By Peggy Kirk Hall, Director of Agricultural Law, Ohio State University Agricultural and Resource Law Program
Bills establishing new legal requirements for landowners who wish to terminate a verbal or uncertain farm lease and income tax credits for the sale of assets to beginning farmers now await Governor DeWine’s response after his passed by the Ohio Legislature. The predictions are that the governor will sign off on both measures.
Legal requirements for termination of agricultural leases – HB 397
Ohio joins nine other Midwestern states with its enactment of a legal requirement to terminate a harvest lease that does not address termination. Legislation sponsored by Rep. Brian Stewart (R-Ashville) and Rep. Darrell Kick (R-Loudonville) aims to address uncertainty in farmland leases, offering protections to tenant operators from late termination.
The bill provides that in a written or verbal farmland lease situation where the agreement between the parties does not provide for a termination date or method of giving notice of termination, a landlord who wishes to terminate the lease must do so in writing no later than September 1. Termination would be effective either at the end of harvest or December 31, whichever comes first. Note that the bill only applies to leases that involve the planting, growing and harvesting of crops and does not apply to leases for pasture, timber, buildings or equipment and does not apply not to the tenant in a rental agreement.
Beginner Farmer’s Bill – HB 95
Long in the works, HB 95 is the result of a bipartisan effort by Rep. Susan Manchester (R-Waynesfield) and Rep. Mary Lightbody (D-Westerville). It authorizes two types of tax credits for “certified beginner farmer” situations. The bill caps tax credits at $10 million and sunset credits at the end of the sixth calendar year after they come into effect.
The first tax credit is a non-refundable tax credit for an individual or business who sells or leases CAUV-eligible farmland, livestock, facilities, buildings or machinery to a “certified beginning farmer”. “.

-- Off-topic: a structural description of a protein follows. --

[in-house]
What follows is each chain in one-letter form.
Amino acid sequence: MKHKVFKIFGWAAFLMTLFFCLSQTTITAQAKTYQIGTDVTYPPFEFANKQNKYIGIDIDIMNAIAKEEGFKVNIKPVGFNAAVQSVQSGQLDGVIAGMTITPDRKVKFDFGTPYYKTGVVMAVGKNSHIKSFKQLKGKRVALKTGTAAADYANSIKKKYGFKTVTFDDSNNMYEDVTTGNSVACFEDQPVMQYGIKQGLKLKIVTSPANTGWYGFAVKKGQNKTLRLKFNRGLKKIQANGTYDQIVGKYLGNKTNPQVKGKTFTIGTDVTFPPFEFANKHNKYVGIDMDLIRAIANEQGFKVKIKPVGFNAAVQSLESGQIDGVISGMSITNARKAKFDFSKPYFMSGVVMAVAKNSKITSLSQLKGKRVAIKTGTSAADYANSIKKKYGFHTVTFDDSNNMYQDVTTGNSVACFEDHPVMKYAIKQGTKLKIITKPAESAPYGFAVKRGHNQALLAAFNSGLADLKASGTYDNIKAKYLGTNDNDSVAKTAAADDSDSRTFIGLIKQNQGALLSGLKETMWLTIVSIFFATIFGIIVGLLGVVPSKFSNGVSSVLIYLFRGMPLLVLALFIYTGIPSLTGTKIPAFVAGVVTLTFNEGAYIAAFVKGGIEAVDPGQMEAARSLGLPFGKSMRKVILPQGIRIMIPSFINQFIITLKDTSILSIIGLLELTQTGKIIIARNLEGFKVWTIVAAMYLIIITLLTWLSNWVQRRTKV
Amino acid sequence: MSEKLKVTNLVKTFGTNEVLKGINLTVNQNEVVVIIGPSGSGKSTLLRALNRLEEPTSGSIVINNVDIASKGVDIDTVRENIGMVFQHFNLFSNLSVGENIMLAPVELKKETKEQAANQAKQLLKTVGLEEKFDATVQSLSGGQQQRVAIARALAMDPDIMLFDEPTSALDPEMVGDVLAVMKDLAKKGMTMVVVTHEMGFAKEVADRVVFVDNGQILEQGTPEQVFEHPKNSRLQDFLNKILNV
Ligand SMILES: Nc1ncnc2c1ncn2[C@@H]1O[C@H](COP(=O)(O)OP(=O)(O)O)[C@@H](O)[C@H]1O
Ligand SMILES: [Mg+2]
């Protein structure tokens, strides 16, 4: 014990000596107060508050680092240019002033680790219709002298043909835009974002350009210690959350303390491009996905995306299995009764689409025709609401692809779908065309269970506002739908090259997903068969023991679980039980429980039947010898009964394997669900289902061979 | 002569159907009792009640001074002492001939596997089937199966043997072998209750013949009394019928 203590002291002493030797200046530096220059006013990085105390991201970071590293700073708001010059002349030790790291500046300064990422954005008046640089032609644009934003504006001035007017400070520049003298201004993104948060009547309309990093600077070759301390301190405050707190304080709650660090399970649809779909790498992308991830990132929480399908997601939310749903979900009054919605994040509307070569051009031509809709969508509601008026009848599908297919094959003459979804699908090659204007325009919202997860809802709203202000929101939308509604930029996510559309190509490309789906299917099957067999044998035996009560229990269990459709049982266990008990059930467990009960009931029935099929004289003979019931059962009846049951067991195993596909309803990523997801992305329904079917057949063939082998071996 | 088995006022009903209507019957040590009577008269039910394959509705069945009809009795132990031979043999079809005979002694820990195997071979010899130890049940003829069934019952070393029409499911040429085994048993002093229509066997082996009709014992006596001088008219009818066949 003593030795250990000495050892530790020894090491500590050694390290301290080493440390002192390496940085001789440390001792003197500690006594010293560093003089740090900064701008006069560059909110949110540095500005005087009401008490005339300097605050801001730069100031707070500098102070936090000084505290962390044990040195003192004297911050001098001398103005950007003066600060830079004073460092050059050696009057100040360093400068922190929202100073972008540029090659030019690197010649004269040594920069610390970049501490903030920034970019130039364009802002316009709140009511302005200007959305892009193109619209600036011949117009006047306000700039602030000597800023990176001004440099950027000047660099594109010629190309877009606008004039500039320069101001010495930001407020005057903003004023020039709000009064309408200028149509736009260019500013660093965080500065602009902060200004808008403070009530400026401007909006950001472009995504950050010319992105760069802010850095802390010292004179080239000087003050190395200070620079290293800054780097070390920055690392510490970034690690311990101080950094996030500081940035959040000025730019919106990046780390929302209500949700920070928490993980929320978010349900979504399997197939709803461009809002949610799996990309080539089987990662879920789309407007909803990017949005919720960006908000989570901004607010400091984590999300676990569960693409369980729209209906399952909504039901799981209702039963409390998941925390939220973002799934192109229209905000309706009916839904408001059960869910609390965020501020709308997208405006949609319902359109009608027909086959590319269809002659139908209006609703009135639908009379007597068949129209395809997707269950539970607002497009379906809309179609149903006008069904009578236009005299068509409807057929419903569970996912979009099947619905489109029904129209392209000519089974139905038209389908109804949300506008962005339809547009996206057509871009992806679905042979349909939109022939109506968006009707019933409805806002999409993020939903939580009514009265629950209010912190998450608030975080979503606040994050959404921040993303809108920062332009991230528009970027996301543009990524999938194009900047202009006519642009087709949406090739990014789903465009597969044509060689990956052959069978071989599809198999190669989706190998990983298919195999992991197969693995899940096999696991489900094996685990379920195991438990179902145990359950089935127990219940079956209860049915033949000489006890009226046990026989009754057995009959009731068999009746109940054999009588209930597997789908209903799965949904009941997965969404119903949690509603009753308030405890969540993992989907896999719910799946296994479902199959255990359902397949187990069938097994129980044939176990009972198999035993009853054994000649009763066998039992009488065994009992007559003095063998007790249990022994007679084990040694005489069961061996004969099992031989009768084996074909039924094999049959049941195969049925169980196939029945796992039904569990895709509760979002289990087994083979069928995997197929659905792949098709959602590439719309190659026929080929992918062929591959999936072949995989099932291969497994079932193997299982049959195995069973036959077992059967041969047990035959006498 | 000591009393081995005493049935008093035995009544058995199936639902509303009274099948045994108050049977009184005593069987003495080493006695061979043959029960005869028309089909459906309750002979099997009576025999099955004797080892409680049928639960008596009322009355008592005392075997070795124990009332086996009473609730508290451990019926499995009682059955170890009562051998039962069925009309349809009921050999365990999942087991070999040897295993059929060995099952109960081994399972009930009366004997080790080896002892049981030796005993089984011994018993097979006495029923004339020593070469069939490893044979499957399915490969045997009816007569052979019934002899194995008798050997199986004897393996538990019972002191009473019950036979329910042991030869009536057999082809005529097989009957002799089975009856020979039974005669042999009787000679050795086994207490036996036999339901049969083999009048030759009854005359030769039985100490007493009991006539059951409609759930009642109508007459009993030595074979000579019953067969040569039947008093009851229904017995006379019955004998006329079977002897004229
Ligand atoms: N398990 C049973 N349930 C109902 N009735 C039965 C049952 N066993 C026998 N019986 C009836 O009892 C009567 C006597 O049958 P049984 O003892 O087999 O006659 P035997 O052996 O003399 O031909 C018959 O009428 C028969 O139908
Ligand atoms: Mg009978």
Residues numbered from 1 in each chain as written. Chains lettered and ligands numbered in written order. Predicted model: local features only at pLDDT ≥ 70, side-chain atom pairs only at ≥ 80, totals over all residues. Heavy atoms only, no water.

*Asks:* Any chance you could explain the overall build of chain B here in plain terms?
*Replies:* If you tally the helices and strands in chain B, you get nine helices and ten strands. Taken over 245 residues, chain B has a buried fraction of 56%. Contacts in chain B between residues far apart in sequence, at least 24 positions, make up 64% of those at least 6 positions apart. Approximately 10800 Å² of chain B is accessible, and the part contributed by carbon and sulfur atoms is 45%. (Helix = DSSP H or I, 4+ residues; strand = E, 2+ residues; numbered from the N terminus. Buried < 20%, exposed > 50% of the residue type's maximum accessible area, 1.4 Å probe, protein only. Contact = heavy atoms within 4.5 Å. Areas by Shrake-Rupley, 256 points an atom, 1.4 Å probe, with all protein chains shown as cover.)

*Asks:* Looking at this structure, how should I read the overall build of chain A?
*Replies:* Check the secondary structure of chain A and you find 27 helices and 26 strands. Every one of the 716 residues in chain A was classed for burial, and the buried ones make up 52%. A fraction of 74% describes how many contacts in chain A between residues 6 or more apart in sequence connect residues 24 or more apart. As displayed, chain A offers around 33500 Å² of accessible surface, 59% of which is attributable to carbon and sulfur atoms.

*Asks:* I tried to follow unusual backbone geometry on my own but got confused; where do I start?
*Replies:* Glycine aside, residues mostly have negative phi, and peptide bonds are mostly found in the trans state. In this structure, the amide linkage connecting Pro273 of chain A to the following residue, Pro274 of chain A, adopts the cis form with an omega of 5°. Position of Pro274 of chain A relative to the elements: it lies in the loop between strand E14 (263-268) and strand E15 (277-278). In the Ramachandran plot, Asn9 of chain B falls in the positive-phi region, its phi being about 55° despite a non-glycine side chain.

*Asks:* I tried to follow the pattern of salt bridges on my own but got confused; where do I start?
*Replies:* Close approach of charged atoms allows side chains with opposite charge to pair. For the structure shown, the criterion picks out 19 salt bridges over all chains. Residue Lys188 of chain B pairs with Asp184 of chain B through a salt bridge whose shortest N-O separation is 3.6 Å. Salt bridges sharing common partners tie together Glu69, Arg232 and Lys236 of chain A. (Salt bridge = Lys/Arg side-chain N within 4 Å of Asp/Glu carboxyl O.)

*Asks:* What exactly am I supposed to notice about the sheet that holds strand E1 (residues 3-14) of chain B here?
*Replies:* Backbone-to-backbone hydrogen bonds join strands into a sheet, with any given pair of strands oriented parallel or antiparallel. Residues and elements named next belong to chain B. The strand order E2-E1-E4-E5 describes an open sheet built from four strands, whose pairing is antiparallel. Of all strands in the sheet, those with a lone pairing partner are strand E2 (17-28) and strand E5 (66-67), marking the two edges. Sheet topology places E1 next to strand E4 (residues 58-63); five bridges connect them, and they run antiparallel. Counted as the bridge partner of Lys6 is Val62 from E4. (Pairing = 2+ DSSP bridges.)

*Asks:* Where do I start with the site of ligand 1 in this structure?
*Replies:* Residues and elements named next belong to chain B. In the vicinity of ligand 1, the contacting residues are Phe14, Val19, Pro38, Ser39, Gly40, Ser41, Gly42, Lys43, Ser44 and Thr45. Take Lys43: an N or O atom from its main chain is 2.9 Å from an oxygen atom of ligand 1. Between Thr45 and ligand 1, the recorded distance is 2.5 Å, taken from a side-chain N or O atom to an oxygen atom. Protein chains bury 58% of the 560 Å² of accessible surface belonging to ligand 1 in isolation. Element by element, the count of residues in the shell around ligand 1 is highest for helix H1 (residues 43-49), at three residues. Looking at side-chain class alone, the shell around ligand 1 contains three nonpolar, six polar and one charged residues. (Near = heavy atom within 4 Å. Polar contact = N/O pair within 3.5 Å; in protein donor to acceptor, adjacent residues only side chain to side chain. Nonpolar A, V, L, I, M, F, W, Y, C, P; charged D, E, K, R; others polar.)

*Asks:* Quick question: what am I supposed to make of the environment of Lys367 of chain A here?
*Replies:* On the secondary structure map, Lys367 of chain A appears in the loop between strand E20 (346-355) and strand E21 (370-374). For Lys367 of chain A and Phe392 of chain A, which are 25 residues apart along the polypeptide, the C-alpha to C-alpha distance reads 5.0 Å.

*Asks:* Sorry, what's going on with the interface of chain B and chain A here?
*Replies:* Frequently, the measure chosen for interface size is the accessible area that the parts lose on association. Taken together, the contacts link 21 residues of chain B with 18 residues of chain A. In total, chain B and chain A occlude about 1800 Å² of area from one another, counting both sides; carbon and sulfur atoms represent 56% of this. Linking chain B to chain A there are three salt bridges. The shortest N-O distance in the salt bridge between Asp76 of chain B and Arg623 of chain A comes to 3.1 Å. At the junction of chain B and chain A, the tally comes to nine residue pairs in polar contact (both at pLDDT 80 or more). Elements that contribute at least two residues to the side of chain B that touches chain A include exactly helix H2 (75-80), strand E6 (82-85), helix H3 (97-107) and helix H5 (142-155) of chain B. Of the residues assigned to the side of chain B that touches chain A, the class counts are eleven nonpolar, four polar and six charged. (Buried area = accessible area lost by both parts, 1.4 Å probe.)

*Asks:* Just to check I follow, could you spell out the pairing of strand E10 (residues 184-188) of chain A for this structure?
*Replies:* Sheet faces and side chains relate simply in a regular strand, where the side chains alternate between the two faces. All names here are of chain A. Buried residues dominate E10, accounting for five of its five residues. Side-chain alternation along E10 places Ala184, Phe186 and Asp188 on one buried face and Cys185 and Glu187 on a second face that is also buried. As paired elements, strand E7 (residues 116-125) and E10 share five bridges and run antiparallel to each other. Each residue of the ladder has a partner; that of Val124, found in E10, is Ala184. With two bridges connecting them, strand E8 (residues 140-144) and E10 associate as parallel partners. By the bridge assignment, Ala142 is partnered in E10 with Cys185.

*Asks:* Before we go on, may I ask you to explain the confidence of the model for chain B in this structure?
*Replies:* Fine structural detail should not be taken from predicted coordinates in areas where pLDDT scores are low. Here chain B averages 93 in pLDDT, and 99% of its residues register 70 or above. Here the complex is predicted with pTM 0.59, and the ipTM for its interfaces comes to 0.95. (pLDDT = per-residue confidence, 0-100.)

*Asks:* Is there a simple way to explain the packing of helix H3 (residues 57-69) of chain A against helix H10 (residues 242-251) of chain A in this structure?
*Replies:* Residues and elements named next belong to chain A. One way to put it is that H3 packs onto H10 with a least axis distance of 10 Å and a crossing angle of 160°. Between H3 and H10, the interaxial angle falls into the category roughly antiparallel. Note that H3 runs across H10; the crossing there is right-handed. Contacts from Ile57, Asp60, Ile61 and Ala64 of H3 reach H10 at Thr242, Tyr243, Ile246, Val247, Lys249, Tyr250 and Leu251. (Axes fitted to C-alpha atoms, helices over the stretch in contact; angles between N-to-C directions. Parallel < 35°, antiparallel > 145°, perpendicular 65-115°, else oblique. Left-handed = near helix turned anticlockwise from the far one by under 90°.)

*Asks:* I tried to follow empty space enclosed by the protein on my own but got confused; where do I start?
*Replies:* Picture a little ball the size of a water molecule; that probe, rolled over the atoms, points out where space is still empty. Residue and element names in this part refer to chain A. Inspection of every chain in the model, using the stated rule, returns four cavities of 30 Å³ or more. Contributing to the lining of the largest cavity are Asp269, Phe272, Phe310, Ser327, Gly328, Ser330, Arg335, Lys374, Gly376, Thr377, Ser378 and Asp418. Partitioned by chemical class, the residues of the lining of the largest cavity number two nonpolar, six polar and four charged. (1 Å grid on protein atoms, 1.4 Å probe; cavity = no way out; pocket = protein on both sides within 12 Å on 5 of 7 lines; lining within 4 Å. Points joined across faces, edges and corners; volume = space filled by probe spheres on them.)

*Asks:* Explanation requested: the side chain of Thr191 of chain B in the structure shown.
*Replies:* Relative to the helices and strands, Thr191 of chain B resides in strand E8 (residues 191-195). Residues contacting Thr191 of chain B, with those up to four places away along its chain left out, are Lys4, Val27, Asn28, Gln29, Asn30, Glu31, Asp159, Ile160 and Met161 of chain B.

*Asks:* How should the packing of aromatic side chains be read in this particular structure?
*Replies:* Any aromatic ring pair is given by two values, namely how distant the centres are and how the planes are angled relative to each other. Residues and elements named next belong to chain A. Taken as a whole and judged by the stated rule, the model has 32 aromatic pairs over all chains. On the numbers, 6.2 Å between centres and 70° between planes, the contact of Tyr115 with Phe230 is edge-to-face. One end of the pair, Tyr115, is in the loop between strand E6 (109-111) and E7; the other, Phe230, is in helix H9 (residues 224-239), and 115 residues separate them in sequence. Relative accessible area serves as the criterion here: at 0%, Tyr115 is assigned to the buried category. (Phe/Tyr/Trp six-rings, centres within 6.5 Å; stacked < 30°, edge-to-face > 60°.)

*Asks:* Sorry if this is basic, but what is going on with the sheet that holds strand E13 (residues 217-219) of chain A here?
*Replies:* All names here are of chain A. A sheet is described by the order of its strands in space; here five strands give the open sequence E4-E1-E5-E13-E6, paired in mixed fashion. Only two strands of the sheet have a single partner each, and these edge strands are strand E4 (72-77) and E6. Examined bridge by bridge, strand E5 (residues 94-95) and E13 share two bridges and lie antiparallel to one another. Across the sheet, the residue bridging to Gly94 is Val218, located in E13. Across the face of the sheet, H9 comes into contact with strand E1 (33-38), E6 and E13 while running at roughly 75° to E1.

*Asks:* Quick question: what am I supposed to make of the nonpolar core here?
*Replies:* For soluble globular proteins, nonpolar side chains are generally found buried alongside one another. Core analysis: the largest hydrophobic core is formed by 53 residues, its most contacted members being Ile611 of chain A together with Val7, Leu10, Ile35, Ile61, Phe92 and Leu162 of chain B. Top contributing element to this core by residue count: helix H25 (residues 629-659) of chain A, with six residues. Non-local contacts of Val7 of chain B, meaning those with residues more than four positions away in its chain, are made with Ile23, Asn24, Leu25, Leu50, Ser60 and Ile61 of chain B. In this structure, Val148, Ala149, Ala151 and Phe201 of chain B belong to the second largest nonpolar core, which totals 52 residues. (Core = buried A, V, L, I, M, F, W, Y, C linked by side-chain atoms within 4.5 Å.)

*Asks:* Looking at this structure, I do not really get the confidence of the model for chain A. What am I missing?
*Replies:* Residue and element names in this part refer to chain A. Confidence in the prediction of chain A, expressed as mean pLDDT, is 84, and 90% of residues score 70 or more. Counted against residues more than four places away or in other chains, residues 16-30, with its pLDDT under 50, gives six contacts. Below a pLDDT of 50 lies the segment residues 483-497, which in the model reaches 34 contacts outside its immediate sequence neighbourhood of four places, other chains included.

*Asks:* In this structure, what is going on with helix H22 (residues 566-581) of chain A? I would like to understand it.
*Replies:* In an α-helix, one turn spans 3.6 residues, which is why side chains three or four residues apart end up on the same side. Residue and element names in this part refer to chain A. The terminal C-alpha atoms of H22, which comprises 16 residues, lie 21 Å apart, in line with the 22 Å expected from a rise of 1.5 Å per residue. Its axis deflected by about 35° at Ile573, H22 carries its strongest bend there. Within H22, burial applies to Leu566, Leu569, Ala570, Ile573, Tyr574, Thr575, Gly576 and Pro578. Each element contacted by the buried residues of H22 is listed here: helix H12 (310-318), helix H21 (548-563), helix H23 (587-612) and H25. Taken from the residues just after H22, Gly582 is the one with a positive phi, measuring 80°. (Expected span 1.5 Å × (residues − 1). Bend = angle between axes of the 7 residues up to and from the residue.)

A late amendment from the Senate Ways and Means Committee reduced this credit to 3.99% of the sale price or gross rental income. The bill requires that a sales credit be claimed in the year of the sale, but spreads the credit amount for rental and rent-sharing arrangements over the first three years of the rental agreement. It also allows excess credit carryover for up to 7 years. Note that equipment dealers and businesses that sell farm assets for profit are not eligible for the tax credit and an individual or business must seek approval for the tax credit from the Department of Agriculture. ‘Ohio Agriculture.
The second tax credit is a non-refundable “Certified Beginner Farmer” tax credit for the cost of participating in a financial management program. The program must be certified by the Ohio Department of Agriculture, which must develop program certification standards in consultation with the State of Ohio and Central State. The farmer can carry forward the tax credit for up to three successive tax years.
What is a Certified Beginner Farmer? The intention of the bill is to encourage the transition of assets to beginning farmers, and it establishes eligibility criteria for an individual to become “certified” as a beginning farmer by the Department of Agriculture. from Ohio. A talking point for the bill was whether beginning farmer credit would be available for family transfers. Note that the eligibility requirements answer this question by requiring that there cannot be a business relationship between the beginning farmer and the asset owner.
A person can become certified as a beginning farmer if they:
• Intends to cultivate or has cultivated for less than 10 years in Ohio.
• Is not a partner, member, shareholder or trustee of the owner of the agricultural assets that the person is going to lease or buy.
• Has a household net worth of less than $800,000 in 2021 or adjusted for inflation in future years.
• Provides the majority of the day-to-day work and management of the farm.
• Has adequate agricultural knowledge or experience in the type of agriculture concerned.
• Submits projected income statements and demonstrates profit potential.
• Demonstrates that agriculture will be an important source of income.
• Participates in a financial management program approved by the Department of
• Meets all other requirements established by the Ohio Department of Agriculture through rulemaking.
We will provide more details on these new laws as they come into force. Information on the Statutory Termination Bill, HB 397, is here and information on the Beginning Farmer Bill, HB 95, is here. Note that provisions affecting other unrelated areas of law were added to both bills during the approval process.